Vertical gardening just might be the answer you’re looking for if you’re like many people where space is a commodity that is hard to come by. This style of gardening enables you to make the most of what little space you do have; space that would probably not work for anything else but a garden. You get to use many of those found objects around your house or neighborhood that normally end up an eyesore or find their way into your trash.
When it comes to vertical container gardening you’re only limited by your imagination. If you can dream it you can build it and garden in it. Here are 4 basic ideas you can use when you have limited space and cannot grow a traditional garden.
1. Pockets: These are made from breathable material like felt that is recyclable and are sold individually or in rows of 3 to 5. They last years and can attach to walls easily with screws. Each pocket holds up to 20 pounds of soil and is great for planting most annuals, and small edible perennials. Great for the side of a barn or even your garage or house. To water use a hose if not too high up or install an automatic gravity irrigation system.
2. Trays: These are like nursery flats and are rectangular and divided into planting cells slanted at a 30 degree angle. Each tray comes with a bracket for mounting and you can add a wood frame and make it a work of art. They are best for plants with shallow root systems like succulents, small annuals, and perennials or edibles like lettuce.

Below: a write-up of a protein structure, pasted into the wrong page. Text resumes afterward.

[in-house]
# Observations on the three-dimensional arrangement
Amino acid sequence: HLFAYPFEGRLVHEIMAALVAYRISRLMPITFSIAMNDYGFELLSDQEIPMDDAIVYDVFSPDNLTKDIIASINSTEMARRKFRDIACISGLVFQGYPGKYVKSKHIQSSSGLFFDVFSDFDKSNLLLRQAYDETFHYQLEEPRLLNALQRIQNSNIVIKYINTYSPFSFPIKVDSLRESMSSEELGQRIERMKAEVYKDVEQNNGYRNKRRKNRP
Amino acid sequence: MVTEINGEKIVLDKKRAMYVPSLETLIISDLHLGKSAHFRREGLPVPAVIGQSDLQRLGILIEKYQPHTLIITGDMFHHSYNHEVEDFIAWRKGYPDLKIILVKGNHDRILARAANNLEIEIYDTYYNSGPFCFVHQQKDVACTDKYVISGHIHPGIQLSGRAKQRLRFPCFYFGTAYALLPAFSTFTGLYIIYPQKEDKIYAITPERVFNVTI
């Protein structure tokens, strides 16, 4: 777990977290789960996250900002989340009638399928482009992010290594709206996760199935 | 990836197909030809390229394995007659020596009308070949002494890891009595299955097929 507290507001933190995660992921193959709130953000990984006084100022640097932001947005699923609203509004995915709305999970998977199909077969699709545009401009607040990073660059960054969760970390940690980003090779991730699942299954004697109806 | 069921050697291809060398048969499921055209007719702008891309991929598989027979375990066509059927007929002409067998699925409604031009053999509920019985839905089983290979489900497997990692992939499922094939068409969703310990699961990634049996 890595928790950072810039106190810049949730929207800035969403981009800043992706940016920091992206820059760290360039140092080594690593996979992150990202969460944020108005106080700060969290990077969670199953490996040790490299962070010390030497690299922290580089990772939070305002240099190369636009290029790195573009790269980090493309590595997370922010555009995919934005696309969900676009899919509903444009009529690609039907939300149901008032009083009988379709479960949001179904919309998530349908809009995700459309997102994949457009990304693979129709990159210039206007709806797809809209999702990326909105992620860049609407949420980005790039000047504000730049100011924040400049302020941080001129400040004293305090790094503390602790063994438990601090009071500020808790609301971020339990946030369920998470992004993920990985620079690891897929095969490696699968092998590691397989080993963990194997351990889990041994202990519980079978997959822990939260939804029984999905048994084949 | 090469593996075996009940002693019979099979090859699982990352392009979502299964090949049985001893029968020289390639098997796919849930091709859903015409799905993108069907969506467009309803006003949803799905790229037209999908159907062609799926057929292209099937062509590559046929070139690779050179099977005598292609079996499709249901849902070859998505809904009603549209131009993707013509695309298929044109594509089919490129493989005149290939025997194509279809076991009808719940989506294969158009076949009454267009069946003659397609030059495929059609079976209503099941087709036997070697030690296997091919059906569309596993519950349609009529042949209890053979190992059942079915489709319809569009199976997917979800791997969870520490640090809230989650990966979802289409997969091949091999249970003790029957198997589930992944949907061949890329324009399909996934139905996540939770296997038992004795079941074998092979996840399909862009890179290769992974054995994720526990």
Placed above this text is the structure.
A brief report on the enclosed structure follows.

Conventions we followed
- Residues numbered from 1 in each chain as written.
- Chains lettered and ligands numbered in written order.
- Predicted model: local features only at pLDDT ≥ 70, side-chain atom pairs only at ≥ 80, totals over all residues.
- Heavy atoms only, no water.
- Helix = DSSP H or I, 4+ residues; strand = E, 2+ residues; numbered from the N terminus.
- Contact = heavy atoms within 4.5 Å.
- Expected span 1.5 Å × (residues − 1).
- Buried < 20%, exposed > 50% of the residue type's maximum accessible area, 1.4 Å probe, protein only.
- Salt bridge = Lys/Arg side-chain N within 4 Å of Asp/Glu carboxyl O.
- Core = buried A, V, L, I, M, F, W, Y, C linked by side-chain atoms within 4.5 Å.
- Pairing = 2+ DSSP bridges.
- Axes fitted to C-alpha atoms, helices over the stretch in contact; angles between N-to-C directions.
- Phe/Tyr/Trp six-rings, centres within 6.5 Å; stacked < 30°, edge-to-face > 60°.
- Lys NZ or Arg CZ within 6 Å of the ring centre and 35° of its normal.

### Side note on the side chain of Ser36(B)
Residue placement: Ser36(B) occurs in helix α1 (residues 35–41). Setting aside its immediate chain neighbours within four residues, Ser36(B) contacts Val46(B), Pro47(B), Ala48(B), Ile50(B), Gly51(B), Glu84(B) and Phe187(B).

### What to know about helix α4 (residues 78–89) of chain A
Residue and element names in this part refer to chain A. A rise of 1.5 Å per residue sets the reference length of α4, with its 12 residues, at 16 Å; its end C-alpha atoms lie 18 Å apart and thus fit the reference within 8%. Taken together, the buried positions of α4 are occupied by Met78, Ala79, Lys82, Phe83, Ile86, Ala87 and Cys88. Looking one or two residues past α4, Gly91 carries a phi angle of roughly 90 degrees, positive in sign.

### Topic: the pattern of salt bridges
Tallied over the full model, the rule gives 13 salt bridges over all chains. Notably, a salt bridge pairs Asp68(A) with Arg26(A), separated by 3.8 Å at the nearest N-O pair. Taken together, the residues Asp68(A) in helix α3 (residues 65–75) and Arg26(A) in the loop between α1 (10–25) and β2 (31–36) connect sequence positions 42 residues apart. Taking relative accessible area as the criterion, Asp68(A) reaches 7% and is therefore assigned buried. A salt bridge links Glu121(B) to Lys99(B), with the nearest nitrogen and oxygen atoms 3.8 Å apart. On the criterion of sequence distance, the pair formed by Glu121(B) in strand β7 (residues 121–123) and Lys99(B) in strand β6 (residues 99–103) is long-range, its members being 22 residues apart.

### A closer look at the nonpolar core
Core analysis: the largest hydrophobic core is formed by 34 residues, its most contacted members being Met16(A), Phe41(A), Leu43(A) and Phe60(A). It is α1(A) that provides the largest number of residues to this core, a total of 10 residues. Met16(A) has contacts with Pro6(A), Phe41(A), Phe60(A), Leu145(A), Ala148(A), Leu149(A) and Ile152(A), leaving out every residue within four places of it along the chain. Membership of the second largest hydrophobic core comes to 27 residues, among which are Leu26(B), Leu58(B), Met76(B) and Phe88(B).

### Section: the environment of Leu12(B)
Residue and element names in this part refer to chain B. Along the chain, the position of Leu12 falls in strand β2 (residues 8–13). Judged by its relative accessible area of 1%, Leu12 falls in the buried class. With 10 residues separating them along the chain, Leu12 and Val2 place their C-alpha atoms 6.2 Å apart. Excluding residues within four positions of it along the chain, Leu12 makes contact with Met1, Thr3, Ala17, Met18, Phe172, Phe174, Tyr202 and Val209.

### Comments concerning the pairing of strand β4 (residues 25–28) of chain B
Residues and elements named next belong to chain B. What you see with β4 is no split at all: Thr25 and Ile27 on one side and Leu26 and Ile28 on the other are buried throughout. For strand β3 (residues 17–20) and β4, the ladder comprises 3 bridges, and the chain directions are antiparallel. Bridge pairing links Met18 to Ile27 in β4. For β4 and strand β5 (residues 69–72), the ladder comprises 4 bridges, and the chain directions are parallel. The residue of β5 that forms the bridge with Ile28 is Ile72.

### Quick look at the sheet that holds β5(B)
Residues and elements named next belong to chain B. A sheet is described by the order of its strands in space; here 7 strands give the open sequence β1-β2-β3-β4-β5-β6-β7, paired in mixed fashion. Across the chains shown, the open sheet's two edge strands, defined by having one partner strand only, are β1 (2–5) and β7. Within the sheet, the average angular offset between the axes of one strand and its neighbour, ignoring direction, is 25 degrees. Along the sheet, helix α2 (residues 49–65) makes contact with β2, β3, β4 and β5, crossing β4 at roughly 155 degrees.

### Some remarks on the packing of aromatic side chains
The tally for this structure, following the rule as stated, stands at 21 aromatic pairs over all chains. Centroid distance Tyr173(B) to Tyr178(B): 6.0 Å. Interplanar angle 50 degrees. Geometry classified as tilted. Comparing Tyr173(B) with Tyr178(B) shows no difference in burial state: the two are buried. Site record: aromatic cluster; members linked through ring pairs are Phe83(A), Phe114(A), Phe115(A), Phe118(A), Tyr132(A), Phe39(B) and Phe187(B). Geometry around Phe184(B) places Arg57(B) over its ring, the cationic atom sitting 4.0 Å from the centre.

3. Pot Hangers: These are polypropylene supports that clamp onto the back of pots and when screwed into a wall or a fence they completely disappear. They can endure high winds and can hold up to 100 pounds each. As far as what goes in these, pretty much anything you would normally plant in a pot.
4. Found Objects: If you’re a creative type you’ll love found object gardening. You can use things like old gutters or other similar drainage systems, burlap bags, or even shutters with wide slats. You’d be surprised just how many things you have around the house that can double as a vertical form of gardening.
This form of gardening is great for those with not a lot of space to spare. Here are some benefits of this type of gardening. Rather than growing plants out you’re reducing your footprint by growing up.
People tend to overdo it when it comes to traditional gardening. It’s easy to plow a big space, plant it and water it initially but soon the work involved over takes you. Suddenly you’re spending all those hot summer days slaving over a huge garden plot and it can be backbreaking work. It’s just too easy to over extend yourself.
With vertical gardening you can plant everything eye level to eliminate all that backbreaking labor you end up doing with traditional gardens. With a vertical garden you’re using small spaces in areas that are convenient for you and you spend less time spending your summer days doing the chores you don’t like; weeding, watering, and debugging, before you even get close to harvesting.
Return from Vertical Gardening to Backyard Farming
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